February 18, 2004
The Bush DoctrineBy Gerry Warren
Editor's Note: This article was adapted from a research paper prepared at the United States War College. The views expressed are those of the author and do not necessarily reflect the official policy of position of the U.S. Government, the Department of Defense, or any of its agencies.
Times have changed. The events of September 11, 2001 were a mere appetizer for the potential buffet of almost unimaginable violence that could befall the
This article reviews the Bush Doctrine in the context of the moral traditions of war and historical practice. It explores the preemptive and preventive warfare arguments and potential adversary reactions to this new security strategy doctrine. Finally, it concludes that the Bush Doctrine is a necessary policy for our times, but that it is critically dependent on public understanding and support. Unfortunately, such support is far from guaranteed, which could lead to serious future strategic vulnerability for the
The Bush Doctrine
As with most presidential doctrines, presidential statements form the basis for the new security doctrine. In this case, we can look to presidential statements made in various speeches following the September 11, 2001 terrorist attack, but particularly to President Bush's address to the graduating class at the U.S. Military Academy at
The Bush Doctrine defines the enemy threat as a horrible combination of 'radicalism and technology' that is not vulnerable to Cold War concepts of deterrence and containment. That is, terrorist groups and rogue states, who are unrestrained by the prospect of mutually assured destruction, create a new threat that demands an unprecedented response. To wait until they attack, as we might have historically preferred, is a far greater risk then can be justified. As President Bush warned at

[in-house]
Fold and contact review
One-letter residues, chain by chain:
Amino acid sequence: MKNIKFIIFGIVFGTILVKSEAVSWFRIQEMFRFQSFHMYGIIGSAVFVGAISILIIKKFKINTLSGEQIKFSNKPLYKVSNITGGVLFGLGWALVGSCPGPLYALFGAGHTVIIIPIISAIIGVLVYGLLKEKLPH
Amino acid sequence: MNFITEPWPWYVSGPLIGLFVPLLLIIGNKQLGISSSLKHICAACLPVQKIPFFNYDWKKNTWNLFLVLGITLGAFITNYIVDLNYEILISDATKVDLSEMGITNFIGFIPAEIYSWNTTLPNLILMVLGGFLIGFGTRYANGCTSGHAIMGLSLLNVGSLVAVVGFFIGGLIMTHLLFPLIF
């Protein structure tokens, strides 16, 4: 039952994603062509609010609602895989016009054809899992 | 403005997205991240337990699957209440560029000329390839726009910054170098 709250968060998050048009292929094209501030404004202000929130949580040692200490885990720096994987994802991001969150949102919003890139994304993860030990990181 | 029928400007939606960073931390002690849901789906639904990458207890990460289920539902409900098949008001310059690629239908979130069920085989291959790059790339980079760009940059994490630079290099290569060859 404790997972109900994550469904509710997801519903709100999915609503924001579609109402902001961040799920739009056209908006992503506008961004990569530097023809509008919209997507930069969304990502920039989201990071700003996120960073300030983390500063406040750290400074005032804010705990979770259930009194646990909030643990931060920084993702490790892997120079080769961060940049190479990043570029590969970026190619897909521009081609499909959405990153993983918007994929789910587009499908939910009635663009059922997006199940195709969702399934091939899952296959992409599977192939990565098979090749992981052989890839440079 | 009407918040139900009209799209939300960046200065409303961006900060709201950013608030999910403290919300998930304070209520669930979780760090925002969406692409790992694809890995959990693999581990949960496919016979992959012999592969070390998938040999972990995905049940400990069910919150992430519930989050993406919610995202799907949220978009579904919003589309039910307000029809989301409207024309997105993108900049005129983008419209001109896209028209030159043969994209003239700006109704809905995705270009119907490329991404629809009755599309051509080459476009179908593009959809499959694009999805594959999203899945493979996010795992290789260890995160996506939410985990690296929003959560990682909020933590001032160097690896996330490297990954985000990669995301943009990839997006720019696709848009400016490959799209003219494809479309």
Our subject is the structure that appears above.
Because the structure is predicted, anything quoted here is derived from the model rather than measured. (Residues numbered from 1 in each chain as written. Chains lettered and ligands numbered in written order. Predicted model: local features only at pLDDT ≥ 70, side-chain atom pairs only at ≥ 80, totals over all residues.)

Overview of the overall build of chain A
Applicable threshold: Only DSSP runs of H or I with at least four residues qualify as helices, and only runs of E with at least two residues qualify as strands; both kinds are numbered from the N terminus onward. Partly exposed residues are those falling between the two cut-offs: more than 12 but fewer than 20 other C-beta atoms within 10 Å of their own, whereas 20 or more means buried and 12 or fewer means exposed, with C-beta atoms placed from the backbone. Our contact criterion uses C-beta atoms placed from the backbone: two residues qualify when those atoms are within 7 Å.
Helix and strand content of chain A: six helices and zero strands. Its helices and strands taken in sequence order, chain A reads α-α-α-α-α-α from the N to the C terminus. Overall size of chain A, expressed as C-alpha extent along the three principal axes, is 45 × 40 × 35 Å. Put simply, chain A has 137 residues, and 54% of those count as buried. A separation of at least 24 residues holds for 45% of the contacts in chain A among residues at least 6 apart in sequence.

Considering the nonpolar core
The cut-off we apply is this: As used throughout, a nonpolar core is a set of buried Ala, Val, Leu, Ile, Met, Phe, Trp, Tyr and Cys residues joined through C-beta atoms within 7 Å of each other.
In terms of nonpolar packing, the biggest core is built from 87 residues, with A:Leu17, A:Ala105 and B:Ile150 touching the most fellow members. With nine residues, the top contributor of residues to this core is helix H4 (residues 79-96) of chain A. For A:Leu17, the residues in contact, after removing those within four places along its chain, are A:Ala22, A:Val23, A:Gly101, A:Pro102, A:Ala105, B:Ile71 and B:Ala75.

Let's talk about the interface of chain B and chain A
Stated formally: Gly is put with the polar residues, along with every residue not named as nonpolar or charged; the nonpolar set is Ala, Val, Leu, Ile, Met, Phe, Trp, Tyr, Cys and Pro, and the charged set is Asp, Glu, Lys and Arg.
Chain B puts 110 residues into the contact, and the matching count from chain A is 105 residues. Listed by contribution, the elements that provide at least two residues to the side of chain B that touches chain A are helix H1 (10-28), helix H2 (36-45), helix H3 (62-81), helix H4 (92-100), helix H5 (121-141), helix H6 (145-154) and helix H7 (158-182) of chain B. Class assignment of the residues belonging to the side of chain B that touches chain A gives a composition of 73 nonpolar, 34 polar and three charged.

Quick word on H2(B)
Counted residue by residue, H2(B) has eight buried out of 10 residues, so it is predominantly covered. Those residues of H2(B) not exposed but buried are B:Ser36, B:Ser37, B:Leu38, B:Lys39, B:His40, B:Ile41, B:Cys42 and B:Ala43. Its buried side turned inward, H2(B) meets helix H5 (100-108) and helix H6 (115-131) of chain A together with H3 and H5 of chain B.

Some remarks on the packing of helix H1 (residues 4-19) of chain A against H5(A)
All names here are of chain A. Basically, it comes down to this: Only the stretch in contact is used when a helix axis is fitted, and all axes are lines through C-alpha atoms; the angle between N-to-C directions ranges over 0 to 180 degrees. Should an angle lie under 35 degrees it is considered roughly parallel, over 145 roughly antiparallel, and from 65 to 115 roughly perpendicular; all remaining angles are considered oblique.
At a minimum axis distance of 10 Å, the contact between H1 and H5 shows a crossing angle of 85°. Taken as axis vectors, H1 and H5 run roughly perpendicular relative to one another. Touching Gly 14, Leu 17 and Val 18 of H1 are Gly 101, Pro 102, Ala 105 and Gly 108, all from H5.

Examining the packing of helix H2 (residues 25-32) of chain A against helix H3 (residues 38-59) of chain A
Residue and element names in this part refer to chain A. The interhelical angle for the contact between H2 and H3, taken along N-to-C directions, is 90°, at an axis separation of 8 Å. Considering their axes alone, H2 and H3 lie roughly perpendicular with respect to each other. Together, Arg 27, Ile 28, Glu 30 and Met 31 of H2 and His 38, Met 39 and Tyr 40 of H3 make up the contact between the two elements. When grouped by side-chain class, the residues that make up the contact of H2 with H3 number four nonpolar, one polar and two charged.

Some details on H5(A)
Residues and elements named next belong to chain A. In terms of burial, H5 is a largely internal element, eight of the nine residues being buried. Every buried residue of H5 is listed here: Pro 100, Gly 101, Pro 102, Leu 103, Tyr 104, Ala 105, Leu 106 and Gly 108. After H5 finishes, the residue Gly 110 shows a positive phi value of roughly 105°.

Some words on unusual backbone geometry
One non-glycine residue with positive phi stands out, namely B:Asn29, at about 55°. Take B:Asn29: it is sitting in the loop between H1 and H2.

The basic outlines of the Bush Doctrine are:
(2) relationships around the world will be defined in terms of countries that support the war on terrorism and those that do not; and
(3) rogue nations and/or terrorist organizations cannot be allowed to acquire and/or threaten the
The key sentence in the National Security Strategy for many critics has been, 'To forestall or prevent such hostile acts by our adversaries, the
Critics of the doctrine argue that it appears to make first strikes the rule rather than the exception and ignores Teddy Roosevelt's caution to 'speak softly and carry a big stick' and instead, substitutes a policy of carrying a big stick with a loud voice.
The loudest critics argue that historically and morally the
However, Max Boot, the author of The Savage Wars of Peace: Small Wars and the Rise of American Power, says that preemptive military action has a prominent place in our history, especially when superpowers of the day are not involved. 'Between 1800 and 1934 Marines staged 180 landings abroad. Some were in response to attacks on
When dealing with potentially large scale conflict, the history is a bit more complex than simple binary distinctions. Provocations can be exchanged, in a kind of game of chicken, with complex sets of consequences attending the question of who uses military force first. One modern label for this kind of situation is 'brinksmanship.'
In contrast, during
On the other hand, The United States did use preemption in the Cuban Missile Crisis. The deployment of ships to blockade
The Bush Doctrine did not originate the notion of preemptive warfare, even to deal with Middle Eastern WMD threats. In fact, in 1993 when the
The Moral Traditions of Warfare
In religious doctrine, opinions on war range from pacifists who believe deadly force is never justified to those just—warriors who maintain a more permissive view of when military force is prudent. The idea of a Just War derives from Hebrew scripture and the writings of
For the Catholic Church, the concepts are expressed in the Just War Doctrine from The Catechism of the Catholic Church issued by the U.S. Council of Bishops in 1993 with these required elements (in their words):
� The strict conditions for legitimate defense by military force requires rigorous consideration. The gravity of such a decision makes it subject to rigorous conditions of moral legitimacy. At one in the same time:
� Those waging war must have legitimate authority;
� The damage inflicted by the aggressor on the nation or community of nations must be lasting, grave, and certain;
� All other means of putting an end to it must have been shown to be impractical or ineffective;
� There must be serious prospects of success;